Horror Movie News and Reviews

Exclusive: Friday the 13th Lawsuit Turns Bloody

The lawsuit over the franchise rights to Friday the 13th entered a new phase last Friday, when Sean S. Cunningham was formally deposed under oath. Cunningham, the director and producer of the 1980 film Friday the 13th, was questioned during the deposition by Marc Toberoff, the attorney for writer Victor Miller. Miller, Friday the 13th’s lone credited screenwriter, has also been deposed.

In June 2016, Miller sent a notice of termination to producers, identified as Horror Inc. and The Manny Company, for the purpose of reclaiming the rights to the Friday the 13th property. While there are several issues related to copyright law at play in Miller’s filing, the key question at this juncture in the proceedings is whether Miller was an “employee” or an “independent contractor” when the 1980 film was developed and then went into production in 1979.

This was reflected in the questioning Cunningham received during this deposition, which took place inside a law office. During his deposition testimony, Cunningham reiterated his claim that his agreement with Miller, which was signed on June 4, 1979, was a “work-for-hire” arrangement. Cunningham also testified that Miller hadn’t completed a screenplay or even a treatment at this point, approximately three months before Friday the 13th started filming.

Cunningham also testified that he didn’t believe Miller was responsible for the creation of the iconic character Jason Voorhees, beyond the name itself. In my book, On Location in Blairstown: The Making of Friday the 13th, Miller stated that “Jason” was an amalgam of the names of his sons, Ian and Josh.  Miller said that the Voorhees surname was inspired by Van Voorhees, a girl he’d known in high school.

Regarding Friday the 13th’s screenplay, Cunningham testified that his June 4, 1979, agreement with Miller covered the writing of a treatment and then a screenplay. Cunningham testified that he paid Miller “out of his own money” for the screenplay and the treatment. Cunningham testified that by July 4, 1979, when Cunningham placed the now infamous Friday the 13th advertisement in the trade paper Variety, all he’d seen from Miller was a treatment, not a screenplay. Miller’s name doesn’t appear in the Variety advertisement.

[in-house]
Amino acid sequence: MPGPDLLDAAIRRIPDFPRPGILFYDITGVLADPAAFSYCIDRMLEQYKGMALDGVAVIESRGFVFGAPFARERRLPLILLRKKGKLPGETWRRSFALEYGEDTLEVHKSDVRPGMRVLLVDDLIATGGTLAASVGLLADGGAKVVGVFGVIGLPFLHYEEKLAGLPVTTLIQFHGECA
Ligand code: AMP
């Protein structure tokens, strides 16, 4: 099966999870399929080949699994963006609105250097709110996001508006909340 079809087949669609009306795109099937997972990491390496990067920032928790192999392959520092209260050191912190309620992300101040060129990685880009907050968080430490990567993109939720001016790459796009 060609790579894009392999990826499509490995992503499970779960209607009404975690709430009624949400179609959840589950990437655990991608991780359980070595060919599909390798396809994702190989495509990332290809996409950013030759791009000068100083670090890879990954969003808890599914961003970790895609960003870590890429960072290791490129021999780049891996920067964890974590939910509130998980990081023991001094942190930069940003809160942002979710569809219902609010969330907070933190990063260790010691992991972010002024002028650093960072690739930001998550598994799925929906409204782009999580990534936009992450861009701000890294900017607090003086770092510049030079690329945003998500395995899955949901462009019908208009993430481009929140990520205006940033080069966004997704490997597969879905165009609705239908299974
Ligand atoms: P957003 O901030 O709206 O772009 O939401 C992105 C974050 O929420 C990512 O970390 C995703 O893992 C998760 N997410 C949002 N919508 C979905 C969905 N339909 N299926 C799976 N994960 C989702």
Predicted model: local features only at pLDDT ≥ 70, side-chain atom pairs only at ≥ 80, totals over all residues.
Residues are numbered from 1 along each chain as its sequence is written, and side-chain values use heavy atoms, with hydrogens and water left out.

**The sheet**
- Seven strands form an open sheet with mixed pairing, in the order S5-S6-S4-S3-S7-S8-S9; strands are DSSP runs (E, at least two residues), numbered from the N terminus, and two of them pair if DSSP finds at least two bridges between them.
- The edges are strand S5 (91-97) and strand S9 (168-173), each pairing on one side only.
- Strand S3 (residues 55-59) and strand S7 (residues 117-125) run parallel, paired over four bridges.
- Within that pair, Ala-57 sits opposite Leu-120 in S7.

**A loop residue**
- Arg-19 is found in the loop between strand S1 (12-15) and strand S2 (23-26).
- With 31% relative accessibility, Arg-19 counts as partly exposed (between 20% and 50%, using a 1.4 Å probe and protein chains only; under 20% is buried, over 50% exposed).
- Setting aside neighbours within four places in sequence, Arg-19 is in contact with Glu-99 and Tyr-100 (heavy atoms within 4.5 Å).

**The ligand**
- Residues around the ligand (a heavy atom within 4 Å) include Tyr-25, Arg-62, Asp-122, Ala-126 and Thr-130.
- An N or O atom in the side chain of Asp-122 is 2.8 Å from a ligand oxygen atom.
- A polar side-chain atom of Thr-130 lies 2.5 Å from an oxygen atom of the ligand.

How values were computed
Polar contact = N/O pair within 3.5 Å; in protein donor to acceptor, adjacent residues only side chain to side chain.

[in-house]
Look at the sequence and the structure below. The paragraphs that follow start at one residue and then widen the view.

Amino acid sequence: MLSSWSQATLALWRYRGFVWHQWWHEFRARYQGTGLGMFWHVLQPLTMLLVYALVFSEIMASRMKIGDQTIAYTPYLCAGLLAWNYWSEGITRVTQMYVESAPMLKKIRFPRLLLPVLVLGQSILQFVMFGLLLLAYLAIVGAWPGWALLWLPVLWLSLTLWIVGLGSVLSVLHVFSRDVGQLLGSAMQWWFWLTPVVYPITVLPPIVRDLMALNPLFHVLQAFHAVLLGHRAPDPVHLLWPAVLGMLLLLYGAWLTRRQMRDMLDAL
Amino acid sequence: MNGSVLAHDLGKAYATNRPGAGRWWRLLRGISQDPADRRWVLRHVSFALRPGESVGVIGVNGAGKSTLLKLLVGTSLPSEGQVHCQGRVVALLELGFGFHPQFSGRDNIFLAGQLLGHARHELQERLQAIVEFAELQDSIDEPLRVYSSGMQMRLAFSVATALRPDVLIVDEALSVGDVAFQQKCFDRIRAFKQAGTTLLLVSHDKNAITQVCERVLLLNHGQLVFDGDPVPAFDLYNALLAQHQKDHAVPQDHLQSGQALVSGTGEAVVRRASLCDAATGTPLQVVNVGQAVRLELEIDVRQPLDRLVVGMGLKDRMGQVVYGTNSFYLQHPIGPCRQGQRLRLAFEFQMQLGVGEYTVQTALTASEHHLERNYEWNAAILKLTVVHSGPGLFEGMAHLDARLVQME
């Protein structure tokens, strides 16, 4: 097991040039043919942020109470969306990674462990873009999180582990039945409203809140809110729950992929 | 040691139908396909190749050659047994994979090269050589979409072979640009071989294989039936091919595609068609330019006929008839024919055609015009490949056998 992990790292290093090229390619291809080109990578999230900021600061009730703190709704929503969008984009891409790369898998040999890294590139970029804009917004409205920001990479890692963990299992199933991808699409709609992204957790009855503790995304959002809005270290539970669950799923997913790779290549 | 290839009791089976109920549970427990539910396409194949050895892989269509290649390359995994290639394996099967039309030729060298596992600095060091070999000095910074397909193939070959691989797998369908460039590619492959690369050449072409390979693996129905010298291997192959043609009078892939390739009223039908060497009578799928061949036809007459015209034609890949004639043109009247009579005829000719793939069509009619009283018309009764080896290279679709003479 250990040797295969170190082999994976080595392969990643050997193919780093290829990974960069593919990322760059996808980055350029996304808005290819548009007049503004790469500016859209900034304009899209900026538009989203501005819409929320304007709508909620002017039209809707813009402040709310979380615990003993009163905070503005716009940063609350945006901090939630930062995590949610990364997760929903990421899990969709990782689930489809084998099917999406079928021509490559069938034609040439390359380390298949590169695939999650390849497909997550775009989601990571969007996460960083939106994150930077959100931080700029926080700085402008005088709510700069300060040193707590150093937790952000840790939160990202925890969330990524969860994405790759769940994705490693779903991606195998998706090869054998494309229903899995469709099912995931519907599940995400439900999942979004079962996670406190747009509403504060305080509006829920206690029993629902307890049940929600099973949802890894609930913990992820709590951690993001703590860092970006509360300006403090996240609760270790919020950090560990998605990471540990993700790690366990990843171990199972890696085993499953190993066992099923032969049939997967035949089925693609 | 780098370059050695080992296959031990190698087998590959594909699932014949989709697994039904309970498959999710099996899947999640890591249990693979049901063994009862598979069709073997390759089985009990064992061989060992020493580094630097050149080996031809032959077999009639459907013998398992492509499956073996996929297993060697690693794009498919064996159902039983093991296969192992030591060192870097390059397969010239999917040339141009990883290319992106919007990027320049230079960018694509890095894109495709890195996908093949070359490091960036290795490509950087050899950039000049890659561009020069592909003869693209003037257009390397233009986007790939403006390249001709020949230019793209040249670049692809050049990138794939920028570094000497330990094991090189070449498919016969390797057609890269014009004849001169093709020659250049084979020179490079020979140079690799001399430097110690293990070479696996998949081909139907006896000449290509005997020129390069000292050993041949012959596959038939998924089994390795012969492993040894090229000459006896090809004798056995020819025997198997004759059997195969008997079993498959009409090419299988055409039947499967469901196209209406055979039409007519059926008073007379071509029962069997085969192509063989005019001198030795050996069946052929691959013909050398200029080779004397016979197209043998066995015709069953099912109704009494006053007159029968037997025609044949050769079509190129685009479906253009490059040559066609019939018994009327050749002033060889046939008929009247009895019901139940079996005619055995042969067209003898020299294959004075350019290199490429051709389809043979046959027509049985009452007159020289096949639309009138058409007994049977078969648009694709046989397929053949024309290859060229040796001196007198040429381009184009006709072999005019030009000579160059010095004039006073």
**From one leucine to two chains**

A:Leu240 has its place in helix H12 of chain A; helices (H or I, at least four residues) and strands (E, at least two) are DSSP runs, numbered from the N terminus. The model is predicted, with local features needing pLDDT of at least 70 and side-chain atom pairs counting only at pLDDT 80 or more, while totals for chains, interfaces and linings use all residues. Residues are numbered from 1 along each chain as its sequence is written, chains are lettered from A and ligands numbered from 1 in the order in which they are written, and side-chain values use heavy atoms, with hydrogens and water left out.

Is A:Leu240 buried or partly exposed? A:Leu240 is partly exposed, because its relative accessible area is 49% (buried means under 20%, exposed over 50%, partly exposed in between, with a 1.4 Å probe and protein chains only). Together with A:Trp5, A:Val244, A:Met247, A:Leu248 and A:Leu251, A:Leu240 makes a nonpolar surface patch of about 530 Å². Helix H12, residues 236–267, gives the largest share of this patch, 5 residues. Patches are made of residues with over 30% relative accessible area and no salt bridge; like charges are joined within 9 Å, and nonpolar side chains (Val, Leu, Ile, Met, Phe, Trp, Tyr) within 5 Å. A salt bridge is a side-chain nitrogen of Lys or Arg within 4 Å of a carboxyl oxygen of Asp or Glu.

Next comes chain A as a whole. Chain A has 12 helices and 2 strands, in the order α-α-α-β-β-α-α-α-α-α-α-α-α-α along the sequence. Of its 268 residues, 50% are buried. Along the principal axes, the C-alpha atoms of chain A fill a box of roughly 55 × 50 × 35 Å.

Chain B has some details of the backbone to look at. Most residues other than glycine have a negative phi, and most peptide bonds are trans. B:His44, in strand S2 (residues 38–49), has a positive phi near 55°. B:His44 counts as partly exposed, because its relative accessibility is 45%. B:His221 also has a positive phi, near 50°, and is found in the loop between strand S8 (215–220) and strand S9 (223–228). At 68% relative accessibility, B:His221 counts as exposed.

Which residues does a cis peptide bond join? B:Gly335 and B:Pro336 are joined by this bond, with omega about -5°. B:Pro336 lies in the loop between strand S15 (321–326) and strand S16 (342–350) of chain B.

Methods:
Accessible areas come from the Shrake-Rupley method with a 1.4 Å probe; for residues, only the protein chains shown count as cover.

Cunningham has always maintained that the Variety advertisement was entirely a ploy to raise financing for the project, and Cunningham has long claimed that no completed screenplay existed at this point, approximately two months before Friday the 13th started filming.

To bolster his argument, Cunningham pointed that the first draft of Miller’s screenplay was titled A Long Night at Camp Blood, not Friday the 13th. Miller has countered that the Friday the 13th shooting script, which was dated August 21, 1979, was titled Friday 13, not Friday the 13th.

Regarding the creation of Jason, Cunningham argued that Miller isn’t entitled to be credited as the creator of the Jason Voorhees character, because Jason “was dead” in all of Miller’s screenplay drafts.

Now Miller’s trying to prove that Cunningham perjured himself during his deposition testimony. Miller’s attorney, Marc Toberoff, is presently searching for a former secretary of Cunningham’s who might corroborate Miller’s recounting of events. My book, On Location in Blairstown: The Making of Friday the 13th, was also extensively quoted by Toberoff during the deposition.

Toberoff is also searching for a specific filming draft of the Friday the 13th screenplay, which he hopes will prove the extent of Miller’s contribution, especially as it relates to the character of Jason, which is under copyright. Cunningham and Miller are the only witnesses who have been deposed so far.

Another challenge facing Miller is that he must be successful in gaining rights to both the North American and foreign rights, since the property would have little or no value to film studios without both. “Victor doesn’t want to control the entire Friday the 13th franchise, and that’s not what this is about,” says a source close to Miller. “If the lawsuit is successful, it would mean that Victor, as a writer, as a creator, would simply be able to negotiate a new deal, new terms, and to gain some leverage as an author over the existing franchise.”

On June 9, Miller intends to make a motion for summary judgment in court. If this fails, the court would likely assign a trial start date.

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